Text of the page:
Birtherism is largely dead, except for a few fringe holdouts -- even WorldNetDaily toned down its anti-Obama crusade, and WND's Jerome Corsi admits he's been "completely marginalized and discredited" for his obsession.
But WND has decided to try and jump-start birtherism, but they're using the same dishonest tactics they were before.
A May 5 WND article (unbylined, presumably because no WND writer wants their linked to birtherism anymore) touts how "professional law-enforcement investigators" will be taking part in an Alabama birther lawsuit. Actually, "professional law-enforcement investigators" is a bit of an exaggeration: what's actually happening is that "Sheriff Joe Arpaio of Maricopa County, Ariz., and his special Cold Case team lead investigator Mike Zullo will be providing evidence in the arguments."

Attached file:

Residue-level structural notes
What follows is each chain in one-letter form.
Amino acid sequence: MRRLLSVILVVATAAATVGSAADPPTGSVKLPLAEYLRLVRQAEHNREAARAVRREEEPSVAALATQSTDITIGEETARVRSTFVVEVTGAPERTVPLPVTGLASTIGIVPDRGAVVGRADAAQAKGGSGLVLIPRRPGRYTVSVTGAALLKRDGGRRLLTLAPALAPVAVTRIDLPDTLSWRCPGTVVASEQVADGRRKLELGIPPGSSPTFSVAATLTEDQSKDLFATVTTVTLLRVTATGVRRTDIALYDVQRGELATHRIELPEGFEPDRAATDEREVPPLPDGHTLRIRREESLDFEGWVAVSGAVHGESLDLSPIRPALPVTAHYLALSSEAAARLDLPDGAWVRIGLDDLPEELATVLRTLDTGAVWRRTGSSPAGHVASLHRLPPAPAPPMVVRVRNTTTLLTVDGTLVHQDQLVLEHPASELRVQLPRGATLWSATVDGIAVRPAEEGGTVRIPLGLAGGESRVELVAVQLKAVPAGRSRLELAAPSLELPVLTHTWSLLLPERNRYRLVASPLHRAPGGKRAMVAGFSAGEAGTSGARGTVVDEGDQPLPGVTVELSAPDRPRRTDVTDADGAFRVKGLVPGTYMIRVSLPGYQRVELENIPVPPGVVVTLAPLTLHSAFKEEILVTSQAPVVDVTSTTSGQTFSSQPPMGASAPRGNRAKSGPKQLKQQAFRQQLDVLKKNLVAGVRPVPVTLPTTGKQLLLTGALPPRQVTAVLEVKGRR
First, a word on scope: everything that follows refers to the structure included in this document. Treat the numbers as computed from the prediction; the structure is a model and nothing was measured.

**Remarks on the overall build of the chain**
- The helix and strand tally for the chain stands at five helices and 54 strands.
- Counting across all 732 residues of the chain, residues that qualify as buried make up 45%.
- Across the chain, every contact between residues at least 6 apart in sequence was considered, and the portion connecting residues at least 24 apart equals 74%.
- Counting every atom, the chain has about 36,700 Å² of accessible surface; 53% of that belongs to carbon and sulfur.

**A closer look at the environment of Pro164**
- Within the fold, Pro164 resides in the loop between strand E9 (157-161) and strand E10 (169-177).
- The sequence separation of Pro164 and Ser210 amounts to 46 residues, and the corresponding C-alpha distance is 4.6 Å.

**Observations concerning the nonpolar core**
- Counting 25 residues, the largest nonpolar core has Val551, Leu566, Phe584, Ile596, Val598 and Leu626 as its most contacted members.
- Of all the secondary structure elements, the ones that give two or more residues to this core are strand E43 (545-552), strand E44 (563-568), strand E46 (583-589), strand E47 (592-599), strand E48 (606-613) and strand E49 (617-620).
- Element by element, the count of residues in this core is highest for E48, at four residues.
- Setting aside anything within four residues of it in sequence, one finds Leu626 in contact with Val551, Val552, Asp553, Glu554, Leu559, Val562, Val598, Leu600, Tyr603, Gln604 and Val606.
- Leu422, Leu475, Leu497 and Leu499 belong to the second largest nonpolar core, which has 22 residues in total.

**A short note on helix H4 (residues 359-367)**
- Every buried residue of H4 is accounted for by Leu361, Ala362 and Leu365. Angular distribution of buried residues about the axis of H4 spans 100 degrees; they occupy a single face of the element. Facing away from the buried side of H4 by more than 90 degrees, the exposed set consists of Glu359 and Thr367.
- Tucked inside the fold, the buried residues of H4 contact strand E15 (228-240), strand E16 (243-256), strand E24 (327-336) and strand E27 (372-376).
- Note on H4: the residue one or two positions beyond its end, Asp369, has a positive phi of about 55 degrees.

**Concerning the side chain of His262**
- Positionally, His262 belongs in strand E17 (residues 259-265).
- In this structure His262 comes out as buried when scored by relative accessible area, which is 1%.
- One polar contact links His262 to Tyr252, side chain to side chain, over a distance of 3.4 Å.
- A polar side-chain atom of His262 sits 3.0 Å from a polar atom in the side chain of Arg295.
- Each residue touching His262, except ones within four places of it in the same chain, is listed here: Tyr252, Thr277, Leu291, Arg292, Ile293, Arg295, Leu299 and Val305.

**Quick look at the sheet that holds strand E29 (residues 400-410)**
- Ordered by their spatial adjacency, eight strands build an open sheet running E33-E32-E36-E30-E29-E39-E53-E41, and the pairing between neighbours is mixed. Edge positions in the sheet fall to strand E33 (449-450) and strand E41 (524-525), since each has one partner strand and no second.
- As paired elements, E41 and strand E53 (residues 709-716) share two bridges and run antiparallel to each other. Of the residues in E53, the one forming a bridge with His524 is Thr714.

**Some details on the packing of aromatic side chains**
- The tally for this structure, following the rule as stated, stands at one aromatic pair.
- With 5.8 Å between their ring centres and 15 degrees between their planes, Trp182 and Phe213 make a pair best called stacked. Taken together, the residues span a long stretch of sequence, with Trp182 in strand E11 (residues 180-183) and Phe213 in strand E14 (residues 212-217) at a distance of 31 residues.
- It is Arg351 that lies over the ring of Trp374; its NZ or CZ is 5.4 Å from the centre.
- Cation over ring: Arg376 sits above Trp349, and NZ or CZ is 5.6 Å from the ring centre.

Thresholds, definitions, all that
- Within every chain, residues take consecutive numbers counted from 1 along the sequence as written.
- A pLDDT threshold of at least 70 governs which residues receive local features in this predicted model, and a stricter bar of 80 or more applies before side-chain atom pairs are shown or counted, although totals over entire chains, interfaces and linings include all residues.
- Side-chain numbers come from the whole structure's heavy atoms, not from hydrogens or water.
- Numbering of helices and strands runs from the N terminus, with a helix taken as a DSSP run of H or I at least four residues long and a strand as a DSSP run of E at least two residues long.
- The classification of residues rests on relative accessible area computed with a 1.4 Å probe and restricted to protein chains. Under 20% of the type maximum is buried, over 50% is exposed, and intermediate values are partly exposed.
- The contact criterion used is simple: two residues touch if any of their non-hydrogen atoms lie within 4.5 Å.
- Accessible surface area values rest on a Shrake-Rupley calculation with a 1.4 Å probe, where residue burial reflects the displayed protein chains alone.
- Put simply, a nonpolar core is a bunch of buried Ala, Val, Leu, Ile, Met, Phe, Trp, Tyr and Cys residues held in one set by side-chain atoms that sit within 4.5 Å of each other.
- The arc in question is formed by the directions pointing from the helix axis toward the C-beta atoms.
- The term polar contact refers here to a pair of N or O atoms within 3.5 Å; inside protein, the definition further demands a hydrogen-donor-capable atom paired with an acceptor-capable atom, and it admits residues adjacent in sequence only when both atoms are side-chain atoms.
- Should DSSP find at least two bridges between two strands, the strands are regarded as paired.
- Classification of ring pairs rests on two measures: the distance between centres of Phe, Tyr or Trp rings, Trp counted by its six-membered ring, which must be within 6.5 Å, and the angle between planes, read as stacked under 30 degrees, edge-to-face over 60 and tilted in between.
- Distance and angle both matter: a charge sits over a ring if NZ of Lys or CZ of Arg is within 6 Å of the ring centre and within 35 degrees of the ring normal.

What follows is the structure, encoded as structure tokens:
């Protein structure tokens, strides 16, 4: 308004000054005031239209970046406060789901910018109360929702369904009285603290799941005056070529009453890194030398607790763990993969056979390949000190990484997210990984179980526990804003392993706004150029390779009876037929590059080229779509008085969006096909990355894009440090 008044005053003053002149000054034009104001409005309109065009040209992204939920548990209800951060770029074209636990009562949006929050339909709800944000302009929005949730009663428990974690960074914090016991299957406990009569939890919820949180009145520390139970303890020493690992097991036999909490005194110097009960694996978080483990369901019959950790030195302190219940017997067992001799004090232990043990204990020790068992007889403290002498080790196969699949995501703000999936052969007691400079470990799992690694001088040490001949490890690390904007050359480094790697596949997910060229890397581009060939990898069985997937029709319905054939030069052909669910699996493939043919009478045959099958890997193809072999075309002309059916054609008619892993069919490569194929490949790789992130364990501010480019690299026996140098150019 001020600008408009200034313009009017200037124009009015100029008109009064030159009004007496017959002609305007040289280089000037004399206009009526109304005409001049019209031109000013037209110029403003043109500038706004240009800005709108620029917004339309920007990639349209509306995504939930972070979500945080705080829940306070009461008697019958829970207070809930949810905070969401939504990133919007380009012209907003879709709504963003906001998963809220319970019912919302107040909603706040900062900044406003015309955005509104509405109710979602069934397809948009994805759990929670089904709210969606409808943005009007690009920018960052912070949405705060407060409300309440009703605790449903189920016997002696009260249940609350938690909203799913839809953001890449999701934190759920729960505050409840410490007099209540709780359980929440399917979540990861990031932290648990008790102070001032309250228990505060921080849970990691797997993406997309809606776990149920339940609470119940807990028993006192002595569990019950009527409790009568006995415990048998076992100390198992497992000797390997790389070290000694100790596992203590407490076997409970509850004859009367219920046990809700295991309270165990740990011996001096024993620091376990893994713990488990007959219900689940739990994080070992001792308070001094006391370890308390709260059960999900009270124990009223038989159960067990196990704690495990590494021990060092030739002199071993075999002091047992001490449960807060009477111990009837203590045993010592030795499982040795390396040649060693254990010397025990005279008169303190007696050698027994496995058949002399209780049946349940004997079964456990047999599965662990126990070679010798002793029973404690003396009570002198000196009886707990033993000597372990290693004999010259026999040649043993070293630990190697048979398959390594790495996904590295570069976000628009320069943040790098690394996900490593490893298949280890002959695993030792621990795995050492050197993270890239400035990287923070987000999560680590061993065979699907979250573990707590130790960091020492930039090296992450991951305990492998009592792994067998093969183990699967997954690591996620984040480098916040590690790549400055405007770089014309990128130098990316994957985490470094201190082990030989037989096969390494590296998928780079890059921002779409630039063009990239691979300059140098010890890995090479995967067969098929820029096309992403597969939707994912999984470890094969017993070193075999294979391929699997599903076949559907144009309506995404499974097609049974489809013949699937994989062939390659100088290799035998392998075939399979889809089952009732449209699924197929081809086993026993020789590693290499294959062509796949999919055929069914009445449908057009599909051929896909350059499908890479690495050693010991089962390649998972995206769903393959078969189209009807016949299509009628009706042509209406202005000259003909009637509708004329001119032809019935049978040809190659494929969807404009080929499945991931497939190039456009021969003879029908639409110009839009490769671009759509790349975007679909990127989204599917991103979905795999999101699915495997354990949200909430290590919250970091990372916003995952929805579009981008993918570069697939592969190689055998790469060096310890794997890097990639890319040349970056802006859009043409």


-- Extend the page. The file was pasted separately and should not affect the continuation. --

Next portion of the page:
Of course, WND fails to mention the anti-Obama bias of Arpaio and Zullo's cold case posse or that WND's Corsi was a de facto member. There's also no mention of the numerous things the posse got wrong, such as citing a coding system established in 1968 to interpret a birth certificate from 1961. But then, WND has always censored any factual evidence that contradicts the birthers.
On the other hand, WND repeats a quote from Zullo claiming that "We recently discovered new irrefutable evidence, which confirms, hands down, the document is a fraud." WND makes no apparent effort to find out what that "new irrefutable evidence" is.
WND also highlights how two judges on the Alabama Supreme Court -- where the birther case is being considered -- have expressed sympathy, but ignores the fact that doing so is arguably grounds for the judges to recuse themselves from the case.